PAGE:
I find two helpful and useful things in the appendices to the sourcebook. The first is the various list of rights. There are lists, for example, of human rights from the Universal Declaration of Human Rights, of rights of basic adult education students (reminds me of the International Council for Adult Educations current global campaign on the right to learn), the rights of immigrants, and others.

The final appendix is a series of pictures, of codes in the Freirian sense. I have recently gotten re-interested in this Freirian idea, particularly the use of codes to animate discussion and raise consciousness, not only about the political contours of experience - the social analysis that is an important part of popular education practice, but also to raise consciousness about what it means to be human and the right of everyone to participate in "naming the world" and "the making of culture." I shall add the sourcebook to the list of materials that provide good examples of codes. Others on the list include Making Sense of the Media, Understanding and Challenging HIV Stigma, and, of course, Education for Critical Consciousness by Freire, the book that first gave me a concrete example of codes. (See annotated bibliography on www.popednews.org for links to these books.) It is a pleasure to find yet another resource to recommend. ..review by Larry Olds


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3. ADDITIONS TO WHERE POPULAR EDUCATORS WILL GATHER

April 1-2, 2005, Center for Popular Education and Participatory Research (CPEPR), Conference on the theme Citizenship and Power in the 21st Century, University of California, Berkeley. http://www.cpepr.net/ (Program includes a special event by the "Founders of NAAPAE" giving Chilean popular educator Francisco Via Grossi a lifetime achievement award, a panel on the global state of popular education and participatory research, and a report by Bob Hill, Acting Vice-President for North America of ICAE on the recent WSF and a new initiative to connect activists and educators in North America as well as a rich and creative regular conference program.)

May 29-31, 2005, Pedagogy and Theater of the Oppressed (Co-hosted by the Center for Theatre of the Oppressed and Applied Theatre Arts, Los Angeles) 11th Annual Conference, Los Angeles, California, (May 24 - 28Theatre of the Oppressed Preconference Workshops with Augusto Boal) http://www.unomaha.edu/~pto/conference.htm

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4. LINKS TO POPULAR EDUCATION WEB SITES AND ONLINE BOOKSTORES
(*those with online bookstores)

*Catalyst Centre (www.catalystcentre.ca/index.htm )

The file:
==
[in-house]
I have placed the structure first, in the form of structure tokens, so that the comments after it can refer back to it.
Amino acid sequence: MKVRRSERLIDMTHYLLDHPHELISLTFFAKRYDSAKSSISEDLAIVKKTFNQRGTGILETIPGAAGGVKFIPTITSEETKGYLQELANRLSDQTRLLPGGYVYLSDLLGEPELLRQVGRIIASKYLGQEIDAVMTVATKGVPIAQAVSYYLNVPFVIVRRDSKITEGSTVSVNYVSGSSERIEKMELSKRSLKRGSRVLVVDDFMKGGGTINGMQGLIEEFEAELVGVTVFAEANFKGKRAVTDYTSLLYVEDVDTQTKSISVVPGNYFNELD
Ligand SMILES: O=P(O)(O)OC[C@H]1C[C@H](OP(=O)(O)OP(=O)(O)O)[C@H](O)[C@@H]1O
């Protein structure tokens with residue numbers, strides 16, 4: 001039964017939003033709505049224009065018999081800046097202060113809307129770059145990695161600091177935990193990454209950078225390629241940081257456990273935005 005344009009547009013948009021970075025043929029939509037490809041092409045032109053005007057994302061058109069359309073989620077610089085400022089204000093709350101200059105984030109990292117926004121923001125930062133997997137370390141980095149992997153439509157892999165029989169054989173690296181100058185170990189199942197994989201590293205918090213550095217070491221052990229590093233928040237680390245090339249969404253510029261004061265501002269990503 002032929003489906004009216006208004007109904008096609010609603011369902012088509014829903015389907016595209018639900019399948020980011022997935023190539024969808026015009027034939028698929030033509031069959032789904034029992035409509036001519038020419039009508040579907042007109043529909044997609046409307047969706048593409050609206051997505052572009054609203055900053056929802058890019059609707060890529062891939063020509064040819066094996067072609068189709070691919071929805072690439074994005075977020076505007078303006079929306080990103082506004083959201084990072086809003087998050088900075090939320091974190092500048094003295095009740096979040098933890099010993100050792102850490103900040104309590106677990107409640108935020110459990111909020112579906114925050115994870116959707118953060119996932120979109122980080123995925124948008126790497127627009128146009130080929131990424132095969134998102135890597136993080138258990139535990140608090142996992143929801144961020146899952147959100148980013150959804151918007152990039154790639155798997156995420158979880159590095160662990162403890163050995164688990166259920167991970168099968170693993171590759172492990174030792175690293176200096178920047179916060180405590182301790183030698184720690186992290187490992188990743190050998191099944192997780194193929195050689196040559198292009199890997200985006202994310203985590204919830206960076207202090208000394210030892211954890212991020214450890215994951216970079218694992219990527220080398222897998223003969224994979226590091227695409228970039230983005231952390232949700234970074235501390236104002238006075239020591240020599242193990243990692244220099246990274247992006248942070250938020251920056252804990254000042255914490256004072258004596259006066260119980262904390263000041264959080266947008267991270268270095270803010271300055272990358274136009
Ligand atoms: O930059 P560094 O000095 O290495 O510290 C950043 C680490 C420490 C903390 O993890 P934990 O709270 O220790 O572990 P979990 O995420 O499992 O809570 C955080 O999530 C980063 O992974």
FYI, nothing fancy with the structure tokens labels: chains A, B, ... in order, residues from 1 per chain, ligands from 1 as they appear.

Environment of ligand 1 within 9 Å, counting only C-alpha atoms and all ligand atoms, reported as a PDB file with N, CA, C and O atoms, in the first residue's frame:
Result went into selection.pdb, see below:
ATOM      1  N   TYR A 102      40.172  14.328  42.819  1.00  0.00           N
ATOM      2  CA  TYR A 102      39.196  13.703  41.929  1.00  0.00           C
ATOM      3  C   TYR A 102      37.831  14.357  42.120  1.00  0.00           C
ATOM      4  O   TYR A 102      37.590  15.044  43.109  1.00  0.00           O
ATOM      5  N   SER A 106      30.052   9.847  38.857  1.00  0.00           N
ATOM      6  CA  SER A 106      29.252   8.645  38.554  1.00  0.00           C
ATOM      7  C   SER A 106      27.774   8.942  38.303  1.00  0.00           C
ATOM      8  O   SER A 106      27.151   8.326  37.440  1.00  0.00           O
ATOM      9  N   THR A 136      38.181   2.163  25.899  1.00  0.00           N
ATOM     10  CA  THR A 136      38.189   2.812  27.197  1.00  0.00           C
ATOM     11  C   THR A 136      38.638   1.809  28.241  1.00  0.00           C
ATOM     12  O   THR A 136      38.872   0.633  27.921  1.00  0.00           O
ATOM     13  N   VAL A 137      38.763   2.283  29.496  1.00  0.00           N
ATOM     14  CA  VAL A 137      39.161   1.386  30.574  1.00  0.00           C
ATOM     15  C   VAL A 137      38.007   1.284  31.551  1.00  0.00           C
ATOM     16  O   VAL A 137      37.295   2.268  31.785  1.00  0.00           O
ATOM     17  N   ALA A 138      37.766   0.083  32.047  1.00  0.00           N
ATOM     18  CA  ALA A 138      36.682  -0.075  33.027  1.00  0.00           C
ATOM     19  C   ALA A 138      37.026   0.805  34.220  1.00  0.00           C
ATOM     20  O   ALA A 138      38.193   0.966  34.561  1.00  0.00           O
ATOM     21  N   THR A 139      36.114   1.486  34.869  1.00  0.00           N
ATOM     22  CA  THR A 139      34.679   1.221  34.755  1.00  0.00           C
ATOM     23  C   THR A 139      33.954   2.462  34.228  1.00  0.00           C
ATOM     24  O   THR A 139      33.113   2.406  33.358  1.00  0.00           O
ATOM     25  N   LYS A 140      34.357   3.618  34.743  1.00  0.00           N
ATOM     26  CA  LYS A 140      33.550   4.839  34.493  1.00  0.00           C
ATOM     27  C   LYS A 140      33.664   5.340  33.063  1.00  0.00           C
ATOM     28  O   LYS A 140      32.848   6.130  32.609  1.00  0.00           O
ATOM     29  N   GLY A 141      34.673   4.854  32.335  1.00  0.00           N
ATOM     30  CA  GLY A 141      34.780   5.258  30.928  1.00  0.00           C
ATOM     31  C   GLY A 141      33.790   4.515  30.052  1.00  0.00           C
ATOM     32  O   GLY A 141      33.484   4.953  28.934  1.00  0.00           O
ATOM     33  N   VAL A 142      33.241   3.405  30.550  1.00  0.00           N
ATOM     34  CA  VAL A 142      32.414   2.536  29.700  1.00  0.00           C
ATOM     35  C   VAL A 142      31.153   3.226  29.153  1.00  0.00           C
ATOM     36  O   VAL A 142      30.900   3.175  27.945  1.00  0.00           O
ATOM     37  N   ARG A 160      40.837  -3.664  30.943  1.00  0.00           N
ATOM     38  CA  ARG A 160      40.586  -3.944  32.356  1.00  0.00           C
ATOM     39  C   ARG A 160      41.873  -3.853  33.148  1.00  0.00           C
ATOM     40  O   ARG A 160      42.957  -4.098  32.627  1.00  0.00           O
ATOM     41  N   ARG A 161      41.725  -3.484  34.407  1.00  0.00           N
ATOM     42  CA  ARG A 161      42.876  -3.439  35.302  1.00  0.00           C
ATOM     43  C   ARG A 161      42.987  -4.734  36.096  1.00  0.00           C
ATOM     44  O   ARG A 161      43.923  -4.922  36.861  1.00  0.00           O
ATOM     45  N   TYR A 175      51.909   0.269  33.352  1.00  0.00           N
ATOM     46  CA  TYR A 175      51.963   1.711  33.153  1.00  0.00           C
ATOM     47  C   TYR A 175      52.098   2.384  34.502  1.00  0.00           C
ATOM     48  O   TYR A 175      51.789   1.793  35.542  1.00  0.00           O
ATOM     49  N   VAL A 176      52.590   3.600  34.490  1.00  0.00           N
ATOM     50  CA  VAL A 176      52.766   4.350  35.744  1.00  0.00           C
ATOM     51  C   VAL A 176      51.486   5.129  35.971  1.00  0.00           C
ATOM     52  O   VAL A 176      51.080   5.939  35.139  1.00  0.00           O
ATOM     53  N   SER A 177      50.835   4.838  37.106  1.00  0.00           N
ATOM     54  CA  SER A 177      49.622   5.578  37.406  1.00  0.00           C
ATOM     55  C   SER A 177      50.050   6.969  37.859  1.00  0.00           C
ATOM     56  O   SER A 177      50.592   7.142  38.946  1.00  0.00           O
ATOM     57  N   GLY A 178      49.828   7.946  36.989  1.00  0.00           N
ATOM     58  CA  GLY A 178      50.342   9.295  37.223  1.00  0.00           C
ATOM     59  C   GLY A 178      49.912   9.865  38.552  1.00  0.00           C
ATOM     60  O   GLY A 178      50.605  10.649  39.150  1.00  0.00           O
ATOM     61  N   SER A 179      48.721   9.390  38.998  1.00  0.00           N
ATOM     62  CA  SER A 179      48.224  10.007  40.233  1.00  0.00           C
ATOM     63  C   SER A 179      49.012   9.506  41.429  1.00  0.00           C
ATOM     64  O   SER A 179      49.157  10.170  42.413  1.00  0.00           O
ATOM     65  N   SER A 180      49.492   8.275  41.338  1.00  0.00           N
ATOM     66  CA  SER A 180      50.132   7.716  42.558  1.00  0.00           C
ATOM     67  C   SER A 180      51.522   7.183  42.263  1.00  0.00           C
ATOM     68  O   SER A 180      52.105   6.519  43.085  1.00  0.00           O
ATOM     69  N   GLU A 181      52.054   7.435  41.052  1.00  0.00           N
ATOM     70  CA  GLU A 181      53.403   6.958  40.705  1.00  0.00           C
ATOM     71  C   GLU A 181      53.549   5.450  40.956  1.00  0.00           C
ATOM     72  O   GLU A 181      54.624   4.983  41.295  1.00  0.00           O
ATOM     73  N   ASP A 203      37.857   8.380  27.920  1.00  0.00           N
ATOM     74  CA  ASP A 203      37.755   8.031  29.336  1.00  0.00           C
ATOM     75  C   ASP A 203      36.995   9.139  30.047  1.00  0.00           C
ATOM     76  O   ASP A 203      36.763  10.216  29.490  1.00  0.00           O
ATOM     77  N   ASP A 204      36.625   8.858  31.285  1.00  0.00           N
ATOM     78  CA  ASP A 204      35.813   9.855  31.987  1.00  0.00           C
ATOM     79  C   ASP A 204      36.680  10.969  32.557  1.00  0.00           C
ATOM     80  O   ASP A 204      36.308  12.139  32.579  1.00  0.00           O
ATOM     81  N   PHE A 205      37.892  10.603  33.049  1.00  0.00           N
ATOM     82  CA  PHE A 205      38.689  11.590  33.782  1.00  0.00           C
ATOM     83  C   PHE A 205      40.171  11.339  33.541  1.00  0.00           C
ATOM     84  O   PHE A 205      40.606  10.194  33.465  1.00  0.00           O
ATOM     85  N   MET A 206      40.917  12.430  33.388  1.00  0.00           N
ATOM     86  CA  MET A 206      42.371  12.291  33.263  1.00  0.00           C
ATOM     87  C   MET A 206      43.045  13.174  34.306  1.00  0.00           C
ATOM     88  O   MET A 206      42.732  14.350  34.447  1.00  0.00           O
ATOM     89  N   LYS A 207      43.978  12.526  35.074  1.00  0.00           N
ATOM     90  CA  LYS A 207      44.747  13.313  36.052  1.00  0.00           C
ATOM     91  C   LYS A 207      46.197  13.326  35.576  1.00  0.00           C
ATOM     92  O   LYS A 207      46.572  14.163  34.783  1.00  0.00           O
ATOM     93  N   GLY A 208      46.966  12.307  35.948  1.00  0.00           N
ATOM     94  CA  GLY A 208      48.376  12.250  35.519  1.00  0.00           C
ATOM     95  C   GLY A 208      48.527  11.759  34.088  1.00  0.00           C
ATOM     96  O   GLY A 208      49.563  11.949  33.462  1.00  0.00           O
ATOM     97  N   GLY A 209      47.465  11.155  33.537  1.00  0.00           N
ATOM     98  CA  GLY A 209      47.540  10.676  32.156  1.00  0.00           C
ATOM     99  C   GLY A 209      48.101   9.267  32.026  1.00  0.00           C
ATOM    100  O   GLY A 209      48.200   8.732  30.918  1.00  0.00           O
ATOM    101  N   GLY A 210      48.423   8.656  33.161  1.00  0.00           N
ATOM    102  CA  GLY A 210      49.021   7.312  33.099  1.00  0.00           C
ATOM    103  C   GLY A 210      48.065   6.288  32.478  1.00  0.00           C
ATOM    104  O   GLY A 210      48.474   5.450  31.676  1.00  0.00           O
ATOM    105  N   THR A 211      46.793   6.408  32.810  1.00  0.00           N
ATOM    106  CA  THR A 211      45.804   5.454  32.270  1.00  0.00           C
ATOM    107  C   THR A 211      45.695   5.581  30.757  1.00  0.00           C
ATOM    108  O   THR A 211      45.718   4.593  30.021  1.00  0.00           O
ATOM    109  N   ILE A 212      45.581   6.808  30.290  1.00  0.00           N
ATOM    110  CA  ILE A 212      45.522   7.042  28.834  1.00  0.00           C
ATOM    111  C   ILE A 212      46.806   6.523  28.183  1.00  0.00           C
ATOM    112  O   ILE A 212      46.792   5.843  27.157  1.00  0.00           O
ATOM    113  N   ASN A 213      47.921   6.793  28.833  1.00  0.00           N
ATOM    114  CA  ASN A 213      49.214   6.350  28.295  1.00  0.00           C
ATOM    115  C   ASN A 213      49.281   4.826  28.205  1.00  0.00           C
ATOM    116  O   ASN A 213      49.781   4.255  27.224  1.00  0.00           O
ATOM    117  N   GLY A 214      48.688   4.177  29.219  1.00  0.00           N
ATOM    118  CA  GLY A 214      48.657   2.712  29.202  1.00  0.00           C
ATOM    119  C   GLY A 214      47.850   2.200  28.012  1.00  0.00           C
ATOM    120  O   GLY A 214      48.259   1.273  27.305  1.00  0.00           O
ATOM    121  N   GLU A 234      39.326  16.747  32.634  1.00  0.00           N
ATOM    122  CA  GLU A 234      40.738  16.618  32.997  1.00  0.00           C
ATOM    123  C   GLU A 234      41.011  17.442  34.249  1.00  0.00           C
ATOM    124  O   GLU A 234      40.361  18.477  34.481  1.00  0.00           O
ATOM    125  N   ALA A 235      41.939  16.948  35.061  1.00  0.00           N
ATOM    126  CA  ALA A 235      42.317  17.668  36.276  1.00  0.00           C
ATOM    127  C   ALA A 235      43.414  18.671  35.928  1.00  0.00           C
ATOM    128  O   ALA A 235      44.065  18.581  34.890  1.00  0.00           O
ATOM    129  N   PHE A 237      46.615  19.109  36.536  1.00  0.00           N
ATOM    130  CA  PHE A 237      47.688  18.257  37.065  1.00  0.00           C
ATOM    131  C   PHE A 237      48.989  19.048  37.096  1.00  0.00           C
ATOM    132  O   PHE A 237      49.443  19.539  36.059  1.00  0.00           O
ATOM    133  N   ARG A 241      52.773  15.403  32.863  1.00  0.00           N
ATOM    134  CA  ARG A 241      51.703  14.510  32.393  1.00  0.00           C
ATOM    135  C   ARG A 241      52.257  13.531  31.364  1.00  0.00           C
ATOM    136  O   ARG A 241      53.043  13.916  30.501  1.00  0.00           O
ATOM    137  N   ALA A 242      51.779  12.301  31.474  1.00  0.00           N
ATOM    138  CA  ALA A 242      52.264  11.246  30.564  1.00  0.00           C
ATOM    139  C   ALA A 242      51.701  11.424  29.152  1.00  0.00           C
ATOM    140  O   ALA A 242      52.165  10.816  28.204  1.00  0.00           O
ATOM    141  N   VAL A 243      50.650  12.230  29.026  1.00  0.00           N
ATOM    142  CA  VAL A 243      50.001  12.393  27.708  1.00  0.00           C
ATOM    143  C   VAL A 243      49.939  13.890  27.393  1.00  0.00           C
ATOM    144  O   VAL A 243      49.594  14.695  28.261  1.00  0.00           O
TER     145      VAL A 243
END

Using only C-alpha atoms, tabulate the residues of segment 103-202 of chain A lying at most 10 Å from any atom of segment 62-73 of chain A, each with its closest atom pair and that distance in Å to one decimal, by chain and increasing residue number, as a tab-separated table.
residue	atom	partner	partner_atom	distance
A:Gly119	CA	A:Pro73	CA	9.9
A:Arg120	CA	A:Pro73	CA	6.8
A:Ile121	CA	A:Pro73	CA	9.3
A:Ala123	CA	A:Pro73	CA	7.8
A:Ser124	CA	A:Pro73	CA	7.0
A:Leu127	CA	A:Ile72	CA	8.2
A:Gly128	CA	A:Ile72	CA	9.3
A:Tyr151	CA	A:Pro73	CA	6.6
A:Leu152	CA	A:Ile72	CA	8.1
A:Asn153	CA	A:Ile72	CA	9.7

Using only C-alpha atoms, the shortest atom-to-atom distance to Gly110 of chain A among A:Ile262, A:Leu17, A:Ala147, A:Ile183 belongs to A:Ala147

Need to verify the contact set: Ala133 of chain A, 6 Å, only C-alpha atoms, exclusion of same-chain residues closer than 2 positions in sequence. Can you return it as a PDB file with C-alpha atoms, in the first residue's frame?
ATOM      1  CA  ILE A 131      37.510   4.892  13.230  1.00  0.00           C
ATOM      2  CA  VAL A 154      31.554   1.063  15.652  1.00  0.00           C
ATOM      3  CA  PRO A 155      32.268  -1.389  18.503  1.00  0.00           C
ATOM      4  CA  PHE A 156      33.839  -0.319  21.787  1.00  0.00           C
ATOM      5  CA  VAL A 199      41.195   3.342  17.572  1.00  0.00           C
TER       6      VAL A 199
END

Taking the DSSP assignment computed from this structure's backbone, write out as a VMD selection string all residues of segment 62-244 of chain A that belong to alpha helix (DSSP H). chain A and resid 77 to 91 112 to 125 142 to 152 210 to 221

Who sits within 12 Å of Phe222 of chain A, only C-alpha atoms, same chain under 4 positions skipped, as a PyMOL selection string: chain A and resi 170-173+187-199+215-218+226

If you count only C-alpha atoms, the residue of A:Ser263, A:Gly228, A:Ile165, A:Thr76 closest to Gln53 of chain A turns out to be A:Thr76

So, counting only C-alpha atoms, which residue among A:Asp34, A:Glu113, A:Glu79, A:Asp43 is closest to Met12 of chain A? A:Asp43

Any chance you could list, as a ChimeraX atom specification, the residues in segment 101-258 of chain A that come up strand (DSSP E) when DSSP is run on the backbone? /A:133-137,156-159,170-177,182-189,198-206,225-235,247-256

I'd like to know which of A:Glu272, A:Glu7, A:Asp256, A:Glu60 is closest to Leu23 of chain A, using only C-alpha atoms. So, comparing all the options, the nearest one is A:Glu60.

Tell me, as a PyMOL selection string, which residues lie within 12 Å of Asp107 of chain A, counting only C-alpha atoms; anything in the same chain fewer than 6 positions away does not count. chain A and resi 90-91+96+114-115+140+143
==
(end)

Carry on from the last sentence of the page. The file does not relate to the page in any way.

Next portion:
*Highlander Center (www.highlandercenter.org )
*Institute for Peoples'Education and Action (IPEA) (www.peopleseducation.org/ )
*Resource Center of the Americas (www.americas.org )
*Growing Communities for Peace (www.humanrightsandpeacestore.org )
Centre for Popular Education (www.cpe.uts.edu.au)
Project South (www.projectsouth.org )
Center for Popular Education and Participatory Research (www.gse.berkeley.edu/research/pepr/ )
Pop Ed Links Directory (www.flora.org/mike/links/poped.html)
WE LEARN: Women Expanding-Literacy Education Action Resource Network(http://www.litwomen.org/news.html)
Centre for Popular Education, University of Technology Sydney (http://www.cpe.uts.edu.au/)

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5. "WHAT IS POPULAR EDUCATION?" DEFINITION OF THE MONTH

Paulo Freire's work developed as a response to cultural silence. (Others have suggested that in industrial countries noise, not silence, is the reality.) Freire developed techniques for giving voice to people submerged in a culture of silence; it was the culture of silence that he saw kept people powerless, that kept them from seeing themselves as fully human.

What has the popular education tradition brought to our attention?

From "Notes on Popular Education" by Larry Olds - written while attending the Cobscook Community Learning Center/IPEA week-long institute in 2001 in Cobscook Maine

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The youth walks faster than the elderly but the elderly knows the road. - Nilotic proverb
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This newsletter is produced by the Popular Education Resource Collection Circle. Larry Olds worked on this issue. You can contribute to future issues by sending suggestions, notices of materials and short reviews to lolds@popednews.org. Help improve the newsletter. Subscribe by sending your email address to lolds@popednews.org.